E-bikes remain illegal and were confiscated by police over 1,000 times last year, but legislation now under consideration in the City Council would legalize the motorized bicycles. Photo: NYPD, via Twitter
For years, electric bicycles have been a significant, if illicit, component of New York City’s street transportation network, favored by food delivery workers and loathed by many pedestrians.
But the motorized bikes — now illegal and frequently confiscated by police — could soon become an officially sanctioned mode of transportation under a measure now being considered in the City Council.
A package of bills introduced in the City Council on Nov. 28 would legalize not only e-bikes but also e-scooters, and would pave the way for e-scooter sharing services to begin operating in the city.
Council Member Ydanis Rodriguez, who is a co-sponsor of the bills and the chair of the Council’s transportation committee, cast e-bikes and e-scooters as an efficient and environmentally friendly option for delivery workers, commuters and tourists at a Nov. 28 press conference on the bills.
“It’s a safe, green alternative to sitting in traffic, riding the subway or for a quick trip to the bodega,” Rodriguez said. “Most people are not blind to the fact that we have electrical bikes and electrical scooters moving through the city already.”
E-bikes that use a throttle, which can travel at speeds of more than 20 mph, are currently banned from city streets. Earlier this year, the city’s Department of Transportation adjusted its rules to permit pedal-assist electric bikes, which have motors that only operate while users are pedaling and typically travel at lower speeds.
Rodriguez and other council members co-sponsoring the e-bike legalization bill, including Lower Manhattan representatives Margaret Chin and Carlina Rivera, said that current regulations are unfair to delivery workers, who are predominantly immigrants and against whom police enforcement is often targeted. “We refuse to accept a city that uses over-policing as a short-sighted Band-Aid for traffic safety reform, especially when the people who are penalized, the delivery workers, end up being the ones with the most to lose,” Chin said.
But despite the legislators’ enthusiasm, many e-bike skeptics remain — including Mayor Bill de Blasio, who has long criticized throttled e-bikes as a safety hazard and has claimed that legalization would require action by the state legislature. (Proponents of the Council legislation dispute this legal analysis and claim that the city can act unilaterally to legalize e-bikes and e-scooters.)
The de Blasio administration has attempted to crack down on the use of e-bikes by targeting police enforcement against riders and businesses that employ them. Last year, police confiscated more than 1,000 e-bikes citywide.
Asked to comment on the Council’s e-bike legalization proposal at a separate Nov. 28 press conference, de Blasio cited safety issues posed by delivery riders “going the wrong way on streets, driving recklessly” and said that the city will continue its enforcement efforts. “The only way to resolve that issue is in Albany,” he added.“BREAK THE CAR CULTURE”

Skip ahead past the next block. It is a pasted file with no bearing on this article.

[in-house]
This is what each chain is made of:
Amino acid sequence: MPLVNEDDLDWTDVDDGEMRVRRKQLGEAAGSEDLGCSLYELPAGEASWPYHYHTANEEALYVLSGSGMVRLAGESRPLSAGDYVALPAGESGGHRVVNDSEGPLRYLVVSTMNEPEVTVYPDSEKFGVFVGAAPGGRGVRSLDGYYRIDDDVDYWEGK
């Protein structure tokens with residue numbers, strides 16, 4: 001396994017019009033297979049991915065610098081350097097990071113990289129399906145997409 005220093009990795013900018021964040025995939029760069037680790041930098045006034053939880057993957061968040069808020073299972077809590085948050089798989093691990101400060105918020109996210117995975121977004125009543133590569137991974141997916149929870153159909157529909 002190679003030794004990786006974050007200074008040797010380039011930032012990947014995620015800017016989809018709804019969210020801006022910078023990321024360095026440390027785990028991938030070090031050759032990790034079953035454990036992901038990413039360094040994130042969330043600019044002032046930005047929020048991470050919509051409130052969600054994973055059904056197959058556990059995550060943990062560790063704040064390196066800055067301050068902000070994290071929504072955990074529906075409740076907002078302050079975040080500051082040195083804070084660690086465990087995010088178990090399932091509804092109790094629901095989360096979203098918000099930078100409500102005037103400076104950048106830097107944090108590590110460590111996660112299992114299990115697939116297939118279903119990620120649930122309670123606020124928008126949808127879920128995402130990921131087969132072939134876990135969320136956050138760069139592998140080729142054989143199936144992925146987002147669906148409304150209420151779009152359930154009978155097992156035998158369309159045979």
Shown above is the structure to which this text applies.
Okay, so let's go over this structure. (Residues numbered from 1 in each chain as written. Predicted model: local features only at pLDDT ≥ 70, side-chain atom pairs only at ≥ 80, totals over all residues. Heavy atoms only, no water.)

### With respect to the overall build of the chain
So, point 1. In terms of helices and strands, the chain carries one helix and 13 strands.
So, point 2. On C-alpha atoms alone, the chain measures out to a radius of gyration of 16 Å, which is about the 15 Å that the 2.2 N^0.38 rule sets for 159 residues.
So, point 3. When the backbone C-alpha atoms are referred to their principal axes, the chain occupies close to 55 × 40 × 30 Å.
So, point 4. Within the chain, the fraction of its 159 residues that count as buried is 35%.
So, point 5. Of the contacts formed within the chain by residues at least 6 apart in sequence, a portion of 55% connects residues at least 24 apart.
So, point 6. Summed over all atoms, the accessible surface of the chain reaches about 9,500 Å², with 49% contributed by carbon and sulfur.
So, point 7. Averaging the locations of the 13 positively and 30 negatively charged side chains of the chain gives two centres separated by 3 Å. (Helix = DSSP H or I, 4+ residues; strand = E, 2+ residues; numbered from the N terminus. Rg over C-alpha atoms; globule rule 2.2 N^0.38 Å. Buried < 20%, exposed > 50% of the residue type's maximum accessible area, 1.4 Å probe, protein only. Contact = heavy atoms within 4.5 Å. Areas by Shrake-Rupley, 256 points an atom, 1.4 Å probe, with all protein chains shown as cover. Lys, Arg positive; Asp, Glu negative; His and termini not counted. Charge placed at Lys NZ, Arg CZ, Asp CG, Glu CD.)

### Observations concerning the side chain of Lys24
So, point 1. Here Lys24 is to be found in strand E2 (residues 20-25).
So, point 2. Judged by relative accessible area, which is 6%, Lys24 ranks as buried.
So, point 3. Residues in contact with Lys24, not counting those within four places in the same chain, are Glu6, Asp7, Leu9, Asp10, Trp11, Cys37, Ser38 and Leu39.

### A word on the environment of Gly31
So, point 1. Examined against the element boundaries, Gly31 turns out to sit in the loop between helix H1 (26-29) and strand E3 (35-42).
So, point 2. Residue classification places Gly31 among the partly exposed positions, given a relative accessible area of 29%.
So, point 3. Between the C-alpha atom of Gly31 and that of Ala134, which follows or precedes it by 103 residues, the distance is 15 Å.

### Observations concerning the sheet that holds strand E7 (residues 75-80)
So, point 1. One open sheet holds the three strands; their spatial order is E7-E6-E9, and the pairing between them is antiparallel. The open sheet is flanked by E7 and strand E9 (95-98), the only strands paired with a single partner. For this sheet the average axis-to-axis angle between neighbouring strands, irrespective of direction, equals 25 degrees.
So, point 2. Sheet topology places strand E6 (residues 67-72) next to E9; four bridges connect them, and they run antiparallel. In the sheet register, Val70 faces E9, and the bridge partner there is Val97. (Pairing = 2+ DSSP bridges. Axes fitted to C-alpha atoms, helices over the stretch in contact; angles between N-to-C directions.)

Council Speaker Corey Johnson said he is “excited” about the bills and spoke of the need to “break the car culture in New York City,” but did not endorse the legislation, explaining that the Council is still in the process of reviewing legal issues relating to the state law.
Ben Kallos, who represents much of the Upper East Side in the City Council, said he is still learning about the bills and listening to constituents, but said he has concerns about cyclists sharing bike lanes with motorized e-bikes. “I believe there needs to be a place for different types of vehicles,” Kallos said. “I don’t think vehicles have any place on sidewalks where pedestrians go. I like human-powered vehicles to have their own space apart from motor vehicles, and that’s why we have bike lanes.”
Another bill packaged with the e-bikes legislation would legalize e-scooters. The council is also considering a bill that would allow for a pilot program to test e-scooter sharing services in New York City. The pilot program would prioritize neighborhoods that will be impacted by the shutdown of the L train next year and neighborhoods that are underserved by Citi Bike.
In recent years, e-scooters have risen in popularity — and have faced accompanying backlash — in San Diego, Los Angeles, Washington, D.C. and other American cities that host sharing services operated by Bird, Lime and other companies that allow users to rent battery-powered scooters for a fee. Unlike Citi Bike, the companies do not utilize docks to store e-scooters when they are not being used; rather, users can drop off or pick up e-scooters anywhere.
Critics in other cities complain that users ride e-scooters on crowded sidewalks and say the dockless system results in unsightly jumbles of abandoned e-scooters that impede pedestrian traffic. Vandalism of unused e-scooters has become an issue in Los Angeles and elsewhere.
Paul Steely White, who recently joined the e-scooter company Bird after previously heading the New York bicycle advocacy group Transportation Alternatives, said that e-scooters are an “economical and environmental” option that complements public transit options and replaces car trips. White said that e-scooters and e-bikes can be safely accommodated within the New York City’s transportation infrastructure. “E-bikes and e-scooters do not belong on the sidewalk,” he said. “E-scooters and e-bikes must ride in the street, in the bike lane.”
The Council legislation would cap the speed of e-scooters at 15 mph. E-bikes would be limited to 20 mph. The Council’s transportation committee expects to schedule a hearing on the bills by early next year.